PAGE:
Shopping for a reverse mortgage is a bit different from shopping for a regular mortgage. While it is fairly easy to qualify for a reverse mortgage, this is a complex loan, so it is crucial that you find a reputable and reliable lender to guide you through the loan process.
The first step before you even begin searching for a reverse mortgage is to complete a reverse mortgage counseling session with a counselor approved by the U.S. Department of Housing and Urban Development (HUD). The federal government requires that all homeowners who apply for a Home Equity Conversion Mortgage (HECM) — which is a loan backed by the government and the most popular type of reverse mortgage — receive counseling from a HUD-approved counselor. The counseling session can be done over the phone, in person or online.
Once the counseling is done, you'll obtain a completion certificate and you'll be eligible to apply for a HECM. Reverse mortgage counseling costs about $125. The service is free to low-income applicants who earn less than twice the poverty level.
How to Find Reverse Mortgage Lenders
Finding reverse mortgage lenders can be challenging because many traditional mortgage lenders do not offer this product, so there is less competition for your business. Some of the companies that offer reverse mortgages include investment and insurance companies.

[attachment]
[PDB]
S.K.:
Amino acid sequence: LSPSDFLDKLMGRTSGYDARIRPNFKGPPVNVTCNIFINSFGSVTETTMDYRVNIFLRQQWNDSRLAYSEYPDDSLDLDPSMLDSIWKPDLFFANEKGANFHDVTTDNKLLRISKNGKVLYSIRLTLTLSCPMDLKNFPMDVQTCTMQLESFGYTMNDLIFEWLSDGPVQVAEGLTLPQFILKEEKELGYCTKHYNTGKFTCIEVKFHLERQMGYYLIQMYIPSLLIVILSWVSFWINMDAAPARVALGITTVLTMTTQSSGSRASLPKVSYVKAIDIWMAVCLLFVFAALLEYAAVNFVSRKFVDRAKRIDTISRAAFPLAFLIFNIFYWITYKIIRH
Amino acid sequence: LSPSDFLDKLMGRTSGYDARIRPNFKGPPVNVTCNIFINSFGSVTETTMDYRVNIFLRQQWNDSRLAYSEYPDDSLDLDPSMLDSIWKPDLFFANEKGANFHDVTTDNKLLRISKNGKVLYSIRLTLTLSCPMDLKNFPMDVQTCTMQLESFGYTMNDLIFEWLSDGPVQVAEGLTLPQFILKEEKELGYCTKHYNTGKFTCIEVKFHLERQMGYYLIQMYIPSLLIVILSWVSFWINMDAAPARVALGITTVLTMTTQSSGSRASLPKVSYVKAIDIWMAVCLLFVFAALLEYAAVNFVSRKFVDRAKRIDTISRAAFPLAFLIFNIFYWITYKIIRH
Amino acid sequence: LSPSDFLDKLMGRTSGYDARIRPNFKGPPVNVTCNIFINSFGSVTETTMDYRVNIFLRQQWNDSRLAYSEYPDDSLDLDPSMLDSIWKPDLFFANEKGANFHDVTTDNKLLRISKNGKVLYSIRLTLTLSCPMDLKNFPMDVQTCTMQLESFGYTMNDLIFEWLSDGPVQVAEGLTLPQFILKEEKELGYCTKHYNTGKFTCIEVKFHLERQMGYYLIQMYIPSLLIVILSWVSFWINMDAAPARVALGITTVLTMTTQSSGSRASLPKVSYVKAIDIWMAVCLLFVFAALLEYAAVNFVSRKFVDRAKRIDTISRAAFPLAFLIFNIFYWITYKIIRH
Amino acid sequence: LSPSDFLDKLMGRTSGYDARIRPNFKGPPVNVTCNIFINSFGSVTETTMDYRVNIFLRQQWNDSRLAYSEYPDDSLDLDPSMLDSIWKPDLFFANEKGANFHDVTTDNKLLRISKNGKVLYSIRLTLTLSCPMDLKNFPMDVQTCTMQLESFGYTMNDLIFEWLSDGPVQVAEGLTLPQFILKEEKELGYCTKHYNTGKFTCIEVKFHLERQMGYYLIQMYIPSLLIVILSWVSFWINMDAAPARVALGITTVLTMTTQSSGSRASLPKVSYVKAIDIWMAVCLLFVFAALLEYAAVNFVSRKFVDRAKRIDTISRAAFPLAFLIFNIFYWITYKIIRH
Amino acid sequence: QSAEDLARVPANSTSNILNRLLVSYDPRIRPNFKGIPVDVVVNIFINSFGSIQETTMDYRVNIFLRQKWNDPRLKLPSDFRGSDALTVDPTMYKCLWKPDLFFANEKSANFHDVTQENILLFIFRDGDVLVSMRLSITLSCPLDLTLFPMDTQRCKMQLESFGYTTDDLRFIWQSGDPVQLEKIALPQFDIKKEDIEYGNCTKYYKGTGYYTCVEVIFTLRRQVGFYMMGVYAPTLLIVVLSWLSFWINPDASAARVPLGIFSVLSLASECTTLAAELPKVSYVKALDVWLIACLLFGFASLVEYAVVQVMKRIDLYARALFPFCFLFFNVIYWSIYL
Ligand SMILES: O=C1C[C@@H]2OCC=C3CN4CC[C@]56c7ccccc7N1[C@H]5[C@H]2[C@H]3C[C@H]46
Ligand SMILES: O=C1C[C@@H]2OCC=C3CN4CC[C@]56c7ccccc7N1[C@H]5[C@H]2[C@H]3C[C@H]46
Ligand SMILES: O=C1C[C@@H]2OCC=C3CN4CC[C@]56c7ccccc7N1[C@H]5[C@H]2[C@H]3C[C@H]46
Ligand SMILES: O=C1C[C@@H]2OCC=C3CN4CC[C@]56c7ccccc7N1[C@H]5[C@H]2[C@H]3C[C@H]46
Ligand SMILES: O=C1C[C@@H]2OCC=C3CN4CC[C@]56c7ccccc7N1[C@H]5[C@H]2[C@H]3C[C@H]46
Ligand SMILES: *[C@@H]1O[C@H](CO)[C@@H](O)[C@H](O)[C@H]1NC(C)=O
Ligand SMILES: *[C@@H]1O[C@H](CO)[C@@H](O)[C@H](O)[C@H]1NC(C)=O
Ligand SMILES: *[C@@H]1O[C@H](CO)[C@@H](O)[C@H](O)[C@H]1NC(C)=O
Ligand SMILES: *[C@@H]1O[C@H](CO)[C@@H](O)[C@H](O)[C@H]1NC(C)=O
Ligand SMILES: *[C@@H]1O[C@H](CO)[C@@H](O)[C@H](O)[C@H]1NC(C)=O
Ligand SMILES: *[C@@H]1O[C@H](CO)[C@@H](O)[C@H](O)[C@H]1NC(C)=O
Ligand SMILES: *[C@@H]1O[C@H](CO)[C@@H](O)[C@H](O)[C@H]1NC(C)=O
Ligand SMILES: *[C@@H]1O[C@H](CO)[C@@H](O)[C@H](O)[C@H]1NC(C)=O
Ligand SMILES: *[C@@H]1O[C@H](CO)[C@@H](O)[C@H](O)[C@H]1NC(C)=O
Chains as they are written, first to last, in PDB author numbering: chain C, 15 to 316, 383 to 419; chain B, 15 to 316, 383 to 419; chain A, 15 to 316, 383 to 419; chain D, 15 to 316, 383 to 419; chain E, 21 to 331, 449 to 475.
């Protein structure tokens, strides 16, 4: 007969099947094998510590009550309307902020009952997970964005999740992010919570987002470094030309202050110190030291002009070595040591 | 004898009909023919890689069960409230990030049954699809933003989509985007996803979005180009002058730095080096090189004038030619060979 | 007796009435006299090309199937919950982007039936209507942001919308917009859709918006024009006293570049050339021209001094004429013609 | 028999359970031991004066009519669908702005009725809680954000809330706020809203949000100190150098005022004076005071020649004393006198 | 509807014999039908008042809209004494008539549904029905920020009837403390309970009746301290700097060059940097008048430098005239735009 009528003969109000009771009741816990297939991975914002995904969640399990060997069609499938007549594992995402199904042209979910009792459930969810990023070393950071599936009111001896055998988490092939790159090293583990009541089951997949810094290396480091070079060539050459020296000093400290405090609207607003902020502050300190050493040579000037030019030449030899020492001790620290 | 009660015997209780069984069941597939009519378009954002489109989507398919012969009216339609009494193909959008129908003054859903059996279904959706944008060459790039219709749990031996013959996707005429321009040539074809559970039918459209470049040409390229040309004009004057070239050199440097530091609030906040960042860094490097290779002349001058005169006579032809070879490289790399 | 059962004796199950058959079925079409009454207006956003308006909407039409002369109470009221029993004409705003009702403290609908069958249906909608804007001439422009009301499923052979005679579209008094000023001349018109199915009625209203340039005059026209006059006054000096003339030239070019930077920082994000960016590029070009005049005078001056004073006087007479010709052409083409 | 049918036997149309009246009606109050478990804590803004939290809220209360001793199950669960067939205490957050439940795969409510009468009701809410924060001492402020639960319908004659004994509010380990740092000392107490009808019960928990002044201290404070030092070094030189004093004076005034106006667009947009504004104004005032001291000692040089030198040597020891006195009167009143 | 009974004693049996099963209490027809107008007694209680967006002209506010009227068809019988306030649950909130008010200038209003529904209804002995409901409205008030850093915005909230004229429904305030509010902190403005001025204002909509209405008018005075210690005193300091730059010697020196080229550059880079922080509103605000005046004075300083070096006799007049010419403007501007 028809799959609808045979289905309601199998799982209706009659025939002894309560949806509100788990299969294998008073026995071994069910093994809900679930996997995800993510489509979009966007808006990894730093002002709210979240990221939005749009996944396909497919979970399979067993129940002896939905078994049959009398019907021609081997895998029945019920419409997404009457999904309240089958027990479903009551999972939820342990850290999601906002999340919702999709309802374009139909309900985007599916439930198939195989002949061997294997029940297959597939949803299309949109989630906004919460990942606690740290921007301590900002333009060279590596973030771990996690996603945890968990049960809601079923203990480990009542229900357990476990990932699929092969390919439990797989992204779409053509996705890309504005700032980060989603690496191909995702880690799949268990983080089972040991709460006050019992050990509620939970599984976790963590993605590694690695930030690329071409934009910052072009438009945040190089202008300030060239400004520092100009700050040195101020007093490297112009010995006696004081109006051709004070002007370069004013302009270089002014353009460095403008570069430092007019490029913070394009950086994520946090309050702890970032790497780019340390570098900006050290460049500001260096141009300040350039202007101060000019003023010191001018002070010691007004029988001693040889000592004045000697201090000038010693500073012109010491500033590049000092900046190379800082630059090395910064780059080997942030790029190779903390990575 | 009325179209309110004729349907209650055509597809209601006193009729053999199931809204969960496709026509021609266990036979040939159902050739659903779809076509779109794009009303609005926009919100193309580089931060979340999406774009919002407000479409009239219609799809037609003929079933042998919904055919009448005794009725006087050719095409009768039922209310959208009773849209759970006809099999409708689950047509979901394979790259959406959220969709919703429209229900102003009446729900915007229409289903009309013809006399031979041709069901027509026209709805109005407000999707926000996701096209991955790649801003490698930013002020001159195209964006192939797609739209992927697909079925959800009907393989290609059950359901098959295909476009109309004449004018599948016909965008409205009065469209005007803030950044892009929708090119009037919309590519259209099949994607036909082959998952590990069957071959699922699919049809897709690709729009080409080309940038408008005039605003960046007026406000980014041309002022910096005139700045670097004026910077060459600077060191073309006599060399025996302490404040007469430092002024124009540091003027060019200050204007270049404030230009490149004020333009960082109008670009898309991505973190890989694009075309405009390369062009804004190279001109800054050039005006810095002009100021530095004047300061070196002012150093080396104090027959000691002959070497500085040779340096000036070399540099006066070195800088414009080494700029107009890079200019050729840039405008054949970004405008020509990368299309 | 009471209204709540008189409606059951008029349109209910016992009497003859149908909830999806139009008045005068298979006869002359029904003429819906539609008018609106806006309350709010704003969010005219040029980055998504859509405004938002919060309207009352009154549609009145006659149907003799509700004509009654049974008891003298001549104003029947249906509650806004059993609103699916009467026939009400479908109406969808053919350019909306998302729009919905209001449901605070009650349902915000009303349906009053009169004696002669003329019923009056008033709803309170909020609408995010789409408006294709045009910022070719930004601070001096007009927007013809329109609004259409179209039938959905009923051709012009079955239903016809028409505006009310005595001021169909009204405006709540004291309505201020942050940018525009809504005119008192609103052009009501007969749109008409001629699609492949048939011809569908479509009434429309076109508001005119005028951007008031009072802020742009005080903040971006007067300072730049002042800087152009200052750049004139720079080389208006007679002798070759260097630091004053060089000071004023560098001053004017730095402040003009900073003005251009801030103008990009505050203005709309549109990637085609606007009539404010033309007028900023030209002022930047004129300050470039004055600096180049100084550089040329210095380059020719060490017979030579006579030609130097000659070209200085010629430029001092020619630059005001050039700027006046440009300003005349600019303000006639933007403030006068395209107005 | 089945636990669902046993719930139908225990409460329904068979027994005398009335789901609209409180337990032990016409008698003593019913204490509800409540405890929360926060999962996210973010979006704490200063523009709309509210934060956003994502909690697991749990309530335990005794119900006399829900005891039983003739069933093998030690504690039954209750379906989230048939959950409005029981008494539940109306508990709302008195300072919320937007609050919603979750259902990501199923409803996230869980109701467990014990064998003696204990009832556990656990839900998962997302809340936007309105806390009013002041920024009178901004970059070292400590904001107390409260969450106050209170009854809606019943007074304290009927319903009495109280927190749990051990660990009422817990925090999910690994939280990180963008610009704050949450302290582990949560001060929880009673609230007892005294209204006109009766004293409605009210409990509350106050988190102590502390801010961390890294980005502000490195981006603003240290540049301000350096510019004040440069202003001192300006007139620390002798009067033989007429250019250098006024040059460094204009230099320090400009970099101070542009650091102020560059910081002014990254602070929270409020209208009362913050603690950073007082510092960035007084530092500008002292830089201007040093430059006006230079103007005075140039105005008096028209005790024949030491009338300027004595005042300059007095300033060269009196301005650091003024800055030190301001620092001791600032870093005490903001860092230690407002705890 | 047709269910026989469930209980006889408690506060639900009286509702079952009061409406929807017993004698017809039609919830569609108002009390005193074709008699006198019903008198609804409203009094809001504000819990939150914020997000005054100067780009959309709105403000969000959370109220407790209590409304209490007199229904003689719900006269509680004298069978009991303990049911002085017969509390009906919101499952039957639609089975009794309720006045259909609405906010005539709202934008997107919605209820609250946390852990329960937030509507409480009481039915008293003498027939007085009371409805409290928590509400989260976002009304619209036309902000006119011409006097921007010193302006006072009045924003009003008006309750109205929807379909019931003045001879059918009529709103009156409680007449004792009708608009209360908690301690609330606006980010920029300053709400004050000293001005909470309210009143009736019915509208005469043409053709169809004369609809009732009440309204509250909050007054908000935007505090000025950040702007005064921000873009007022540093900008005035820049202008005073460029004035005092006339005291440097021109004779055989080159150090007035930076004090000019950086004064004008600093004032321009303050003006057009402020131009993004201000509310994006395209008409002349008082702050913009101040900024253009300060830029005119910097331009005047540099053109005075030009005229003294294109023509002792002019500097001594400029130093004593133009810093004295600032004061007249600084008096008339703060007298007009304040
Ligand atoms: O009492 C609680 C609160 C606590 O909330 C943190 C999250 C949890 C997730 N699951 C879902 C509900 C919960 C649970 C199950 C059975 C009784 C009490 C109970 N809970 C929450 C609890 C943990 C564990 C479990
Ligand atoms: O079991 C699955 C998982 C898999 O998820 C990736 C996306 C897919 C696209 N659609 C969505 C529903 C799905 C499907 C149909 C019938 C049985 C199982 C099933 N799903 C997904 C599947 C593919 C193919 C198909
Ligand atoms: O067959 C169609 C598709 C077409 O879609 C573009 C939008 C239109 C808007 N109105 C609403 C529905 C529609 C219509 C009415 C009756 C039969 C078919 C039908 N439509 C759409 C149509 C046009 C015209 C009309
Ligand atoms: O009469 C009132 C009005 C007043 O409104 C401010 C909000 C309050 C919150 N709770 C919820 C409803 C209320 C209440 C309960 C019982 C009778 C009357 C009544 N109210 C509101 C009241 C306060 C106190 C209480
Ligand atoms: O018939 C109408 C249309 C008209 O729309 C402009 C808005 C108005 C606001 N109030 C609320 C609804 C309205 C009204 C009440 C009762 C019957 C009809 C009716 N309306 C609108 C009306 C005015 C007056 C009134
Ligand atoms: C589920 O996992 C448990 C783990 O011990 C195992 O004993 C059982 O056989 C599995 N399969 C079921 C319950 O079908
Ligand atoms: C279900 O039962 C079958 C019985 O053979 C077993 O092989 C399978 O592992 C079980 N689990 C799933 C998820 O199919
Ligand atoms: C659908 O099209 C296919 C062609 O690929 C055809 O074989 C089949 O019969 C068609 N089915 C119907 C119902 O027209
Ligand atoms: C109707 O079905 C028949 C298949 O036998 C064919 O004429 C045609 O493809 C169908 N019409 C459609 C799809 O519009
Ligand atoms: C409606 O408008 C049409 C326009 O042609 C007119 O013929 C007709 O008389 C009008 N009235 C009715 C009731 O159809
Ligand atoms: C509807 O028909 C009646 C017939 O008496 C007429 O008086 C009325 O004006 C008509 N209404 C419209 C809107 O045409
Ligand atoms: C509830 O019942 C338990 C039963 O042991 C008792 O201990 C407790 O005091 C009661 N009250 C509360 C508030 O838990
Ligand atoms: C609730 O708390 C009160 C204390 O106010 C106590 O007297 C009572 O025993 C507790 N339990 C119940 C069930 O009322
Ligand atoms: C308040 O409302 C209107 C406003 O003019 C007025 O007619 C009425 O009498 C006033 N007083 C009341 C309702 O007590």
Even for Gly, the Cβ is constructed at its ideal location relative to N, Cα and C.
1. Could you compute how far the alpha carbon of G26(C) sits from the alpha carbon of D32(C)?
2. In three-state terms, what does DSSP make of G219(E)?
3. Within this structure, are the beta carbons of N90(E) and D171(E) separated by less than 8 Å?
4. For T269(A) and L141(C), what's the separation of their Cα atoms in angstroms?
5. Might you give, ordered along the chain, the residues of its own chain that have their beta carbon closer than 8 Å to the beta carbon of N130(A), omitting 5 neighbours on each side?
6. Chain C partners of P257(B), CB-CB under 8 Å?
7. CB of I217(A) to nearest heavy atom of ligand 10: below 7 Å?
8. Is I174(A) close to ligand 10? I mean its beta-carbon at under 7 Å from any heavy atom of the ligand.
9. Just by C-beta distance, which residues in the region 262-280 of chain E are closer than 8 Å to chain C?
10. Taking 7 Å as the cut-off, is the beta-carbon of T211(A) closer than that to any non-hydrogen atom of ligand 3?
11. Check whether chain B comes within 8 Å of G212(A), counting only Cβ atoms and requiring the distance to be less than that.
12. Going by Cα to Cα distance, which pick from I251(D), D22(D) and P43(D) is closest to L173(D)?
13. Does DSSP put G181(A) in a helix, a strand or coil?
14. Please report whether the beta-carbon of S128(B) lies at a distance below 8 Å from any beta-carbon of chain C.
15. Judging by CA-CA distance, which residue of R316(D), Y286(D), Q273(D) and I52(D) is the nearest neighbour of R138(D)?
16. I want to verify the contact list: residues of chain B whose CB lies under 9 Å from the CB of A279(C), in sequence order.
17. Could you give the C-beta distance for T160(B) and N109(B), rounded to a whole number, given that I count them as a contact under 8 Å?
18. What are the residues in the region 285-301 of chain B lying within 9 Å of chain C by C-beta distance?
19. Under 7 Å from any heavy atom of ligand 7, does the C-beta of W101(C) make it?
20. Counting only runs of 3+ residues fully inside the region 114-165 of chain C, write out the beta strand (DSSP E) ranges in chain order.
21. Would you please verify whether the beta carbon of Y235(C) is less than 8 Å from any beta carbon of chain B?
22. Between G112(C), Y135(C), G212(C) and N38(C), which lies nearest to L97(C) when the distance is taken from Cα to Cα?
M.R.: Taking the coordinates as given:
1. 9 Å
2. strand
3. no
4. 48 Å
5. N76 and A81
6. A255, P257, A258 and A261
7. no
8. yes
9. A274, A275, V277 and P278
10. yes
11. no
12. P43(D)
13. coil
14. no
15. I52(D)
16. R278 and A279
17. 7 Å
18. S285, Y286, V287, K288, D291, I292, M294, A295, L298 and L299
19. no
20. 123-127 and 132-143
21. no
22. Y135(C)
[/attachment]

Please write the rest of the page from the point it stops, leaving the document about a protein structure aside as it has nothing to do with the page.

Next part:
If you're looking for a larger mortgage, known as a jumbo reverse mortgage, it may be even more challenging to find a lender. The government does not back jumbo loans. Unlike those of government-backed loans, the fees on jumbo loans are not restricted by law, so comparing quotes from competing lenders is even more important for jumbos. However, jumbo lenders have to issue the same disclosures required for HECM lenders, which makes it easier for borrowers to compare loan offers.
Make sure any lender you deal with is licensed to do business in your state. You can verify the license of any mortgage lender by checking the National Mortgage Licensing System (NMLS) lender search page.
To compare quotes from competing lenders effectively, you'll need to get them quickly — loan rates change all the time, so a quote from Lender A on Monday can't be reliably compared to one from Lender B on Friday. Requesting quotes online can help you get several offers quickly. Then, go through them slowly, comparing their Total Annual Loan Costs (TALC), and narrow down your selection to a couple of lenders — those are the ones you'll call.
TALC Disclosure Shows a Reverse Mortgage's True Cost
If you've ever shopped for a traditional "forward" mortgage, you may be familiar with the Good Faith Estimate (GFE) and Truth-in-Lending (TIL) disclosure forms. Both disclosures provide information about the projected costs of a mortgage. For instance, the TIL disclosure contains the Annual Percentage Rate (APR), which takes into account the loan's financing costs.